A Block


I saw the first while selling talent show tickets. Since then, it has not left me.

Flat, rectangular, textured with rough edges and clean cut cornersーit’s a fine maple wood that might have been a possible scrap from Mr. Suesser’s technology classroom. Two weeks ago it was next to one of the glass windows by the wall that faced the commons area. It was easy to miss at first: a small wooden block that sat on the ledge of the window frame.

And I could have simply ignored this useless, pathetic wood object, but just seeing it by itself while I sat in the commons bothered me. Someone had put it there, tucked right next to a sign that read “Pizza sale,” and with black ink had etched a beautiful, red rose. It was very detailed, with intricate flourishes of a pen that must have taken some time to draw. Although it was made with basic art supplies of red and black Sharpies, I was captivated with the vibrant, red glamor of the rose.

As I sat in the commons selling tickets, I would occasionally glimpse at this small beauty. It was a peculiar thing that captured my attention, and it reminded me of the allure of graffiti, how this kind of street art was seen as eye catching and appealing to some, but also as forbidden works of art that were eventually demanded by others to be taken down.

It then occurred to me, that the wooden block that I had become briefly fixed upon was not supposed to be where it was.

Questions stirred in my head: Why was it there? Who put it there? Could I take it?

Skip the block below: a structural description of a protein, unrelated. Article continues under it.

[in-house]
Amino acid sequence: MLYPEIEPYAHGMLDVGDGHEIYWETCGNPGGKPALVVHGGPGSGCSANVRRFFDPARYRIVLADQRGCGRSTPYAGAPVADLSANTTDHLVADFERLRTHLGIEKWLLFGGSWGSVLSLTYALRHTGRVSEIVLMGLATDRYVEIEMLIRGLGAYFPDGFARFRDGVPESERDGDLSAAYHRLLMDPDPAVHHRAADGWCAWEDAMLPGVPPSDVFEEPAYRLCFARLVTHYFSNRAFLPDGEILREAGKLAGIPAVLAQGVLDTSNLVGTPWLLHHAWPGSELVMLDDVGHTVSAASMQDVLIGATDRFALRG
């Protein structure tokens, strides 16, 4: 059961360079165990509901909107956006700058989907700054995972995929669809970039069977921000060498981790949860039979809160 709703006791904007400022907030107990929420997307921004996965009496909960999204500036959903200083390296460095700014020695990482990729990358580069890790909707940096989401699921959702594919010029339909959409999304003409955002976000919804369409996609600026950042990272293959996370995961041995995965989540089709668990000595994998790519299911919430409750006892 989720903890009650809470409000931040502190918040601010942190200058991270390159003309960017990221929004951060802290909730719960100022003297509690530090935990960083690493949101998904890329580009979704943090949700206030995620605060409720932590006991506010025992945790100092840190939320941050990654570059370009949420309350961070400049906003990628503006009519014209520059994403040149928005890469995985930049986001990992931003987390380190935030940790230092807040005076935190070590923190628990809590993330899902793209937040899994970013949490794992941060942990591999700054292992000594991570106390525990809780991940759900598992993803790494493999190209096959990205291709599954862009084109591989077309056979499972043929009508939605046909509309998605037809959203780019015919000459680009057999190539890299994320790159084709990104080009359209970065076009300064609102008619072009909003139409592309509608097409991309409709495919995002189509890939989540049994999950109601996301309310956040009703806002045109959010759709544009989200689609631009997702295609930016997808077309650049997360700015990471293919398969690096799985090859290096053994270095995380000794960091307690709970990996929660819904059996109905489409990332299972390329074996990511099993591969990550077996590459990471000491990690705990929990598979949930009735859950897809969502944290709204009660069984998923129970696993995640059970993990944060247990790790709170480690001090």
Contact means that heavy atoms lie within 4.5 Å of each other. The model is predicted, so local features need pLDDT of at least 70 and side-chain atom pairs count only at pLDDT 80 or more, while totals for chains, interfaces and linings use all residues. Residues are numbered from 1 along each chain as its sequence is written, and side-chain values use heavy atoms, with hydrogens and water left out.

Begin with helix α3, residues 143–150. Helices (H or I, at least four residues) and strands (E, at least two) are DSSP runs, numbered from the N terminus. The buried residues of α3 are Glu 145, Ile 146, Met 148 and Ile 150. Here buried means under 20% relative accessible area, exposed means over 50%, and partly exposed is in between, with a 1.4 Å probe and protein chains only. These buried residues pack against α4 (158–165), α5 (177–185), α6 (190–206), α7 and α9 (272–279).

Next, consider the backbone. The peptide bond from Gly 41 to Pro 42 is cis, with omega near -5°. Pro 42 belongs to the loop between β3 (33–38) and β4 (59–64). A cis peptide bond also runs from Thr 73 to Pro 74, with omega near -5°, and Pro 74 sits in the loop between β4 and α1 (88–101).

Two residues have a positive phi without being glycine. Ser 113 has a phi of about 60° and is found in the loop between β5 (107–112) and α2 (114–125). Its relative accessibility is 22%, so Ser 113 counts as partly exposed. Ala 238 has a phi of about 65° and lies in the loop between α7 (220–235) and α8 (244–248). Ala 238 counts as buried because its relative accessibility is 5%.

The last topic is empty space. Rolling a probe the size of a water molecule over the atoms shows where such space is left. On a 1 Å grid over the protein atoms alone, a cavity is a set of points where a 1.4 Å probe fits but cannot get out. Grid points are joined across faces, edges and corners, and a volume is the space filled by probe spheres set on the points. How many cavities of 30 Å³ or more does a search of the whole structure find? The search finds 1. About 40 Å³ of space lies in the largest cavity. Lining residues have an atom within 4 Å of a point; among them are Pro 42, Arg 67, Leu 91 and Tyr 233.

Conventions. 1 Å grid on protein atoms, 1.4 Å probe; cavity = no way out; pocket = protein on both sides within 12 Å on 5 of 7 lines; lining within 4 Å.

The next day there were three lined up next to the block I saw, each with unique designs. Then Wednesday there were ten aligned on the window. I realized that what I saw was a little game that the students who hung out at the commons liked to play. It had no name, but the rules were clear: draw your own design on a wooden block, then place it at one of the cafeteria windows, and then watch from afar and admire your deed. The goal of this game was to see how long the blocks stay on the window before they are taken down by the school. This game was a sure favorite among those students at my lunch period; in fact, I even liked to sit and watch them place the blocks in different locations, carefully so that no adult saw their sinful act.

Why wouldn’t I? No one was buying my tickets anyway!

I loved the art on each block, and I dreaded the day that they would disappear. The rose block was my favorite, but I remember other designs. Some blocks had elegant calligraphy with words like “peace” and “love”; some had contoured lines that bent and twisted around the face of the block, creating an abstract pattern on the wood; others had recognizable symbols like a star, a heart, or a Yin Yang circle—there was one I didn’t like; it was a drawing of a bear, but it came out quite ugly and I couldn’t tell it was a bear until I took a good long stare at it.

The blocks were gone the next week, and I was a bit saddened to see these works of art taken down. They were all beautiful in their own ways, each with plenty of time spent on making the designs. And so I am still sad with this, sad enough that I have written this lament on it. Consider this writing of mine to be an obituary of a forbidden game or the tragedy of a lost art.